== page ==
Friday, June 17, 2011

A Today Programme approach to an Open Source vs. Closed Source learning platforms debate

Vegas Pictures 2009 Canon 003
Vegas Pictures 2009 Canon 003 by AdolfGalland. Used under Creative Commons.
I was recently asked to contribute to SecEd magazine on the case for using an Open Source Learning Platform - a piece to go up against an advocate of a "buy a commercial Learning Platform" approach. I didn't know who would be writing the companion / conflicting piece, so it was an odd piece to write. In the end it turned out that Dominic Tester from Costello Technology College was writing the other piece. I've met Dominic at  SSAT learning platform events and he does really good work with CTC's tools, particularly on parental engagement. As I was writing / redrafting / fussing over the piece, knowing it would be edited and thatIcouldn'tfiteverythingIwantedtosayinto800words - in fact on the day I submitted it - I heard Graham Linehan's appearance on the Today Programme to talk about his adaptation of The Ladykillers. You can read about his experience on his Posterous blog or an expanded version on the Guardian's Comment is Free opinion site. Essentially, Linehan thought he was going on the programme to discuss the issues concerned with adapting a film for the stage, with Michael Billington from the Guardian there to provide a wider context. The crux of the issue is in the Guardian piece:
The style of debate practised by the Today programme poisons discourse in this country. It is an arena where there are no positions possible except for diametrically opposed ones, where nuance is not permitted and where politicians are forced into defensive positions of utter banality. None of it is any good for the national conversation.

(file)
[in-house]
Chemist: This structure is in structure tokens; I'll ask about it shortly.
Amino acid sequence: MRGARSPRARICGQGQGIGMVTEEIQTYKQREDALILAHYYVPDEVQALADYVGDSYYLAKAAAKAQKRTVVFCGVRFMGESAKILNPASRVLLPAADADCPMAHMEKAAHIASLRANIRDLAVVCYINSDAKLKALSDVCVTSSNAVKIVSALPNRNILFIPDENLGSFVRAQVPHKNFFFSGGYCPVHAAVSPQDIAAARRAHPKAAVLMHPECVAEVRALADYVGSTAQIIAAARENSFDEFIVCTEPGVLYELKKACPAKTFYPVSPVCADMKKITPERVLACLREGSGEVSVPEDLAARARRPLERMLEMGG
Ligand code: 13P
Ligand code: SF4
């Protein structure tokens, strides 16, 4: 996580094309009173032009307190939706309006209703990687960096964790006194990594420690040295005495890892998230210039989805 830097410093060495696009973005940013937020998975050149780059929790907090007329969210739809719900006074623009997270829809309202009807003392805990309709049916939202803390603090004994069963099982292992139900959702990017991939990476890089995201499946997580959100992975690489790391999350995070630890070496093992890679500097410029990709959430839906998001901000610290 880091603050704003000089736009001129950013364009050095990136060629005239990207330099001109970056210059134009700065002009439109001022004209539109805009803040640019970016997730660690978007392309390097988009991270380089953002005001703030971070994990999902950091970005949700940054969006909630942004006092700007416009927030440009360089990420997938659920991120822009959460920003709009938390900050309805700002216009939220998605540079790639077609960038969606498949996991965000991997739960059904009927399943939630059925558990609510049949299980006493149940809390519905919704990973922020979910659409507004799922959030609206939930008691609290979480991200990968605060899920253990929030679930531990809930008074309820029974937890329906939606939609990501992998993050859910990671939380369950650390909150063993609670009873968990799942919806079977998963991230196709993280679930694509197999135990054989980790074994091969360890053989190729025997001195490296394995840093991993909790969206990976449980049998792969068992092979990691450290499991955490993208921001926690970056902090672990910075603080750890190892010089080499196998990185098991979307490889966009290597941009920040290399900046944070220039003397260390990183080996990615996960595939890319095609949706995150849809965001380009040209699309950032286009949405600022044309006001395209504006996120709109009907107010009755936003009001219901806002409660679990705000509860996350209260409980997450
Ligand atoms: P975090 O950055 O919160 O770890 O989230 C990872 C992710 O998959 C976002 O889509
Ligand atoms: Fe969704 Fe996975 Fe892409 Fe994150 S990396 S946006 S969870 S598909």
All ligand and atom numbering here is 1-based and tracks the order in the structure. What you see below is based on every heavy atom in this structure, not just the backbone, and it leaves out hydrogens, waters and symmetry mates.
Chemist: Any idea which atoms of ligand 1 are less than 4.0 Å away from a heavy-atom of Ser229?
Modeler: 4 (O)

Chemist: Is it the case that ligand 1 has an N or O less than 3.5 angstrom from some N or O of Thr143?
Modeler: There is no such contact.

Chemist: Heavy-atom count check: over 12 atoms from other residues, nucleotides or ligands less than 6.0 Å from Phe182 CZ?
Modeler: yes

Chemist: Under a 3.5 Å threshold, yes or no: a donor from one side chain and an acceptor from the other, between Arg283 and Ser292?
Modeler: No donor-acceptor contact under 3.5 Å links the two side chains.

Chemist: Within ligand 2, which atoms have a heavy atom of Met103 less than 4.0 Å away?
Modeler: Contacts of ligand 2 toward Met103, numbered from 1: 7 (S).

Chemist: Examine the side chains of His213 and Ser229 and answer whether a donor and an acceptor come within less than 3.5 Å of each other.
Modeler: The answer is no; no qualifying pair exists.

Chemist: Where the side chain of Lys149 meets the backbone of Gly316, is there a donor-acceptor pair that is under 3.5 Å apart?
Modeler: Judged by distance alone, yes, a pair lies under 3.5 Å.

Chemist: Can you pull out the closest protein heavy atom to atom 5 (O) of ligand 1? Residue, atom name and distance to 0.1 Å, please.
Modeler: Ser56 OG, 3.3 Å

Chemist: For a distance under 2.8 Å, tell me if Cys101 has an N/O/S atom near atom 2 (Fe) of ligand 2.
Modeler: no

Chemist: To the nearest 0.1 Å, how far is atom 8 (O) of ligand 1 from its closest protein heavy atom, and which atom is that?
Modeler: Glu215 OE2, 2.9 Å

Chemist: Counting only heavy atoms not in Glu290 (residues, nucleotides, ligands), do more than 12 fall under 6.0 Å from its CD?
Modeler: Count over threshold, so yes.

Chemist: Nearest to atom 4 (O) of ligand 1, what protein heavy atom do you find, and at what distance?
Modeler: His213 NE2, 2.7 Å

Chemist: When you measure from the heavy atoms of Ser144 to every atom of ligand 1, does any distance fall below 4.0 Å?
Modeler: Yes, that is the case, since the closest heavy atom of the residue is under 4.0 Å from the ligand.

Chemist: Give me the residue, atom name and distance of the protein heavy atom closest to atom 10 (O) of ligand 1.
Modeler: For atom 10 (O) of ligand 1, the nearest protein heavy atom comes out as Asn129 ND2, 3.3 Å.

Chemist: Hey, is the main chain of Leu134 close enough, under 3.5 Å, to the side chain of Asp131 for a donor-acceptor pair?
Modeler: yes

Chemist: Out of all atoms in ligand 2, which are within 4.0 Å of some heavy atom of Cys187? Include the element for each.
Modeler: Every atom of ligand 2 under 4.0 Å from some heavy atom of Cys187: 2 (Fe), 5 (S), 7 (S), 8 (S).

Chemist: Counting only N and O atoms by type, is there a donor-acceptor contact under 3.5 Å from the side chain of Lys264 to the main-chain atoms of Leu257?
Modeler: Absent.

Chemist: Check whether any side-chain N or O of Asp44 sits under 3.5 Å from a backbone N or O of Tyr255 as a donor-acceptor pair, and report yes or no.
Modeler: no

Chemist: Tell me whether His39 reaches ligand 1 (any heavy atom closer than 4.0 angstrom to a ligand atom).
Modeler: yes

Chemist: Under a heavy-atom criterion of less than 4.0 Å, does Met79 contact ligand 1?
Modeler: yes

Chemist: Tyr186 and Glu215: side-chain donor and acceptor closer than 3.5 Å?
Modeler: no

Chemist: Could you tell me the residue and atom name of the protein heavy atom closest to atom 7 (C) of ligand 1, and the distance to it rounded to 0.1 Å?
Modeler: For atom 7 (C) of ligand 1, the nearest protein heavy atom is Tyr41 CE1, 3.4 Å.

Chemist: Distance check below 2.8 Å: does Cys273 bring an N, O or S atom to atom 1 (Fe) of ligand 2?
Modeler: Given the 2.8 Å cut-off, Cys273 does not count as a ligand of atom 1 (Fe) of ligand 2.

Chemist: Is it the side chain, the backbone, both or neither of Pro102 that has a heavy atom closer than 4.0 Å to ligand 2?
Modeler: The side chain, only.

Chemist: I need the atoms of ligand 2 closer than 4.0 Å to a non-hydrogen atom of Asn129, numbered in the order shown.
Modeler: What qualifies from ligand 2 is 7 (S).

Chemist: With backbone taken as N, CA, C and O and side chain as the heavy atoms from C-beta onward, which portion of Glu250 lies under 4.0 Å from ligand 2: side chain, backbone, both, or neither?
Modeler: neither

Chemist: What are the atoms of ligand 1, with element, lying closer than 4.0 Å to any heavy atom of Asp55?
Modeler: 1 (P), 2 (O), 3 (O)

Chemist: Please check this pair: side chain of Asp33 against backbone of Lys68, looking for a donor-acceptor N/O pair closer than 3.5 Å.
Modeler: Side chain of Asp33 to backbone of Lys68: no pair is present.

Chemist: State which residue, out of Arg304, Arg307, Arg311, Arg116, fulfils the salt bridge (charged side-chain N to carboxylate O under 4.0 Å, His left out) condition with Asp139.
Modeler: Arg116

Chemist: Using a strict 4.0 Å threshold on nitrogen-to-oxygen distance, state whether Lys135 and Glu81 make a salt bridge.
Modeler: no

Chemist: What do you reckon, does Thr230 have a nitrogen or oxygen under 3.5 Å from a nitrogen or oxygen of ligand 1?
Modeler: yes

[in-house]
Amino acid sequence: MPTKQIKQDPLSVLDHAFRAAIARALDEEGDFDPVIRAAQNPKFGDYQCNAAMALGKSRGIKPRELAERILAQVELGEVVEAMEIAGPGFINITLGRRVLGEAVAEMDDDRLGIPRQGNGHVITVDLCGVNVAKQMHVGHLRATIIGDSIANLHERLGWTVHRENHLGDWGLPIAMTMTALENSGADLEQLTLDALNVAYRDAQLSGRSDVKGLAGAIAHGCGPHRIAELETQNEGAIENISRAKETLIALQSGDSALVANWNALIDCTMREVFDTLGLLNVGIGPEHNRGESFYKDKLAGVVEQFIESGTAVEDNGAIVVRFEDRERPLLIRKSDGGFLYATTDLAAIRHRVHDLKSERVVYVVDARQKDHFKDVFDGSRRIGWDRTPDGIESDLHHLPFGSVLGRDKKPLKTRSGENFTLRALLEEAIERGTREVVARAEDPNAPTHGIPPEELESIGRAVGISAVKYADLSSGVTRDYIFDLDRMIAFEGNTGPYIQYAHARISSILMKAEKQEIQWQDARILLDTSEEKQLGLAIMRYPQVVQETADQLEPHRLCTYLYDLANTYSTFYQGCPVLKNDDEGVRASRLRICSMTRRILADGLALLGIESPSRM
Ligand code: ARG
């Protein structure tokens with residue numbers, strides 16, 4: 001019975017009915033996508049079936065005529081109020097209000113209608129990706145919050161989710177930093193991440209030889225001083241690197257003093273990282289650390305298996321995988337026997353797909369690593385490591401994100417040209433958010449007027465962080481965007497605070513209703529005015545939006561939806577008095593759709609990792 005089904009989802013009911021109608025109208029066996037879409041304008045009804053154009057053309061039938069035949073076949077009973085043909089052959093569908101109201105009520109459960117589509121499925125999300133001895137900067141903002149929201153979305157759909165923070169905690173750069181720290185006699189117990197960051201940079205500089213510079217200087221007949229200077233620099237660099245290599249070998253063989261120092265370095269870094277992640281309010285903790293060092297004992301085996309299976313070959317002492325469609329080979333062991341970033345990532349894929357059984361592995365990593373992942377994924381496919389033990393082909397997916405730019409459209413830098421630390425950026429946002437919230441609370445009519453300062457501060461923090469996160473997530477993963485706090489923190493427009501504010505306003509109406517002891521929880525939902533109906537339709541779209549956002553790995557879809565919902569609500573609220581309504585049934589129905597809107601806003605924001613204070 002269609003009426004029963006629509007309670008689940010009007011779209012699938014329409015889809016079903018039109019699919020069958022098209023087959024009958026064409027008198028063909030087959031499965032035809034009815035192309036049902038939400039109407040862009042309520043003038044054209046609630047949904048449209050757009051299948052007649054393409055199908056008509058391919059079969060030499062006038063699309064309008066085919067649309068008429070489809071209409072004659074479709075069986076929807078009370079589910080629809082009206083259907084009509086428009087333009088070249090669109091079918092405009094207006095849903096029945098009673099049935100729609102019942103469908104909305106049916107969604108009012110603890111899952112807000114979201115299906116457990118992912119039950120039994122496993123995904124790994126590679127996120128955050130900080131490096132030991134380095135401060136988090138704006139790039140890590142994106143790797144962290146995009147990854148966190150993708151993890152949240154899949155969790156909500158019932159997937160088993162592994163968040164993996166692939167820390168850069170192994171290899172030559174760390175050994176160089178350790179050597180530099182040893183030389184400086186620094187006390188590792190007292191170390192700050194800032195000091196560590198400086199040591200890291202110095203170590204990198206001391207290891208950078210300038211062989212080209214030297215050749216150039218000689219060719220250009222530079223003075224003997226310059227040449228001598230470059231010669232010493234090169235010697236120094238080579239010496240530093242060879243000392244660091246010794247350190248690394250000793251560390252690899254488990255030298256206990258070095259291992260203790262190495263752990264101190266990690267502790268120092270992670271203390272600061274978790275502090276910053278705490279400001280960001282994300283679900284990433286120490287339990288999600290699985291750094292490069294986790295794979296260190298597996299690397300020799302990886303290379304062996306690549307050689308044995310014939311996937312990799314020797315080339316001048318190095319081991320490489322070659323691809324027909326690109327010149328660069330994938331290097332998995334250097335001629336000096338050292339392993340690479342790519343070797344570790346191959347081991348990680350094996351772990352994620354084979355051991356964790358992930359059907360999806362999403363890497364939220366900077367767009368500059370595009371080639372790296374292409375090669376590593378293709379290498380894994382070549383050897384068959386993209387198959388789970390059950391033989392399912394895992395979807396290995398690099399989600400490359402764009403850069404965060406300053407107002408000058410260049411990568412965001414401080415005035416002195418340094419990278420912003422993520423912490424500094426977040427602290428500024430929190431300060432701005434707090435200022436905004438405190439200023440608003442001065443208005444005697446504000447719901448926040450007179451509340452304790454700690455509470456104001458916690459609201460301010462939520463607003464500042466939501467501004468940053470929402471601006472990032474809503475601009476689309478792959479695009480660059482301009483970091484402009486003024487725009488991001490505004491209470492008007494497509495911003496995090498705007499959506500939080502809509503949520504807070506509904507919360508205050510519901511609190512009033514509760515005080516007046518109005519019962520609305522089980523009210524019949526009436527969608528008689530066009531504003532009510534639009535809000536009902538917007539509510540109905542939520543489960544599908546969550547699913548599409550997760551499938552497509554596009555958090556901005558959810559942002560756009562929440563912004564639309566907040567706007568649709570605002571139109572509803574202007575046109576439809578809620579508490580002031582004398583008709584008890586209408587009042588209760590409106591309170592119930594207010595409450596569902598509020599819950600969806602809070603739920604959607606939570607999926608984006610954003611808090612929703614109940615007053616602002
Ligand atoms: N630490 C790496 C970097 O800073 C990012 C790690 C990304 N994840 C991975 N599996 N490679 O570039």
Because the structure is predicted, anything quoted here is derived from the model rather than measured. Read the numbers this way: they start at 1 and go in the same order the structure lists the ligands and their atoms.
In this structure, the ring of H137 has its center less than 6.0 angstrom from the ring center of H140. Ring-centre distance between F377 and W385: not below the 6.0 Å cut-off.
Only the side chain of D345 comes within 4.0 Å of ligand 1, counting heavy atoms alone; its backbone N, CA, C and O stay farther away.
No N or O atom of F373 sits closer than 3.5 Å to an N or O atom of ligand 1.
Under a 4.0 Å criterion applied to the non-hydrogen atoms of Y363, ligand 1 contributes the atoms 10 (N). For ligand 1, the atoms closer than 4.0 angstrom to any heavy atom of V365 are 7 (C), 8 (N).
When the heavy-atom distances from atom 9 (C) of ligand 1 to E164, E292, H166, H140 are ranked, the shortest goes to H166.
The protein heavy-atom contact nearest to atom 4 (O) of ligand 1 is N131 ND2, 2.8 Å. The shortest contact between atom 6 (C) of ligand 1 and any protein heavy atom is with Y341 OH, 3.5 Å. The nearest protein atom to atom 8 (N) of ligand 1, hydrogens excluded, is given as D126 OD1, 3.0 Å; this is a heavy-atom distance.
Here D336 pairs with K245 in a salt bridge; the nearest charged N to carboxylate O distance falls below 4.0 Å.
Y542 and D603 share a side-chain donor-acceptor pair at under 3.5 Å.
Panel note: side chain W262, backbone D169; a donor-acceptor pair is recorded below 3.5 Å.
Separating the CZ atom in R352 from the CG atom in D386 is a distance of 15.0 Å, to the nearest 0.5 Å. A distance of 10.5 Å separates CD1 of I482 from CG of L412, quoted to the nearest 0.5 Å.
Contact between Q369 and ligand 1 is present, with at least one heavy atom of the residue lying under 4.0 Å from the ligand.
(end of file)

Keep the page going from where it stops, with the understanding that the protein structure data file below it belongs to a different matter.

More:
You can listen to the exchange here, though I'm not sure for how long - but Linehan's irritation with the staged conflict is obvious. I'm not comparing myself to the man who wrote Father Ted and The IT Crowd, nor would I associate Dominic with either Linehan or Billington, but it struck me that we found ourselves in a similar position (I'm not sure what Dominic felt).

I'm not suggesting that any SecEd debate is somehow poisoned - it's not that strong. However, it struck me that having an "either/or" debate on something fairly crucial to schools who want to develop isn't that helpful for decision makers in those schools, who almost certainly won't follow either path, but instead plot a course between. We have plenty of schools who used to use commercial learning platforms and now use Moodle, and there will be schools who change the culture of their school using Moodle and then spend a sizeable budget on another tool in the future. I would loved to have had a constructive exchange of views with someone like Dominic, who is aiming for the same outcomes, using similar approaches, albeit taking a different path to that which I'd recommend. I often find the most interesting opinion pieces in newspapers are those which take the form of a thoughtful exchange of emails or letters from two contributors - which is where the "nuance" that Linehan alludes to might become more clear. If and when I can find a link to an example of this more constructive opinion piece, I'll replace this sentence with a link to it...

Anyway, here's the article as I originally wrote it (the formatting was changed slightly - to fit SecEd's publishing tool? I'm not sure) and some parts were edited out. It also includes direct links to the references. You can see Dominic's piece alongside this (well, underneath, which isn't significant) on the SecEd site, and I recommend that you read both.

Why choose an Open Source option over a proprietary Learning Platform?

When an author or commentator wants to highlight the differences between “commercial” and “open source” tools, some standard statements are often made about these broad categories to attempt to reinforce differences between the two. Such statements normally take these forms:
  • “Commercial products are well-supported, proven, popular and are the route you should go down if you’re serious about [insert whatever function the tools in question are supposed to perform]. Quality and usefulness are directly proportional to how much you pay for something.” 
  • “Open source products are unsupported, flaky, unreliable and unproven. They are interesting, but only if you are at the geeky end of the spectrum, or have a room of tame geeks at your disposal. They’re cheap - and remember, quality and usefulness are directly proportional to how much you pay for something. Using something which is non-commercial is an indication that you’re not serious about the task that it’s trying to perform.”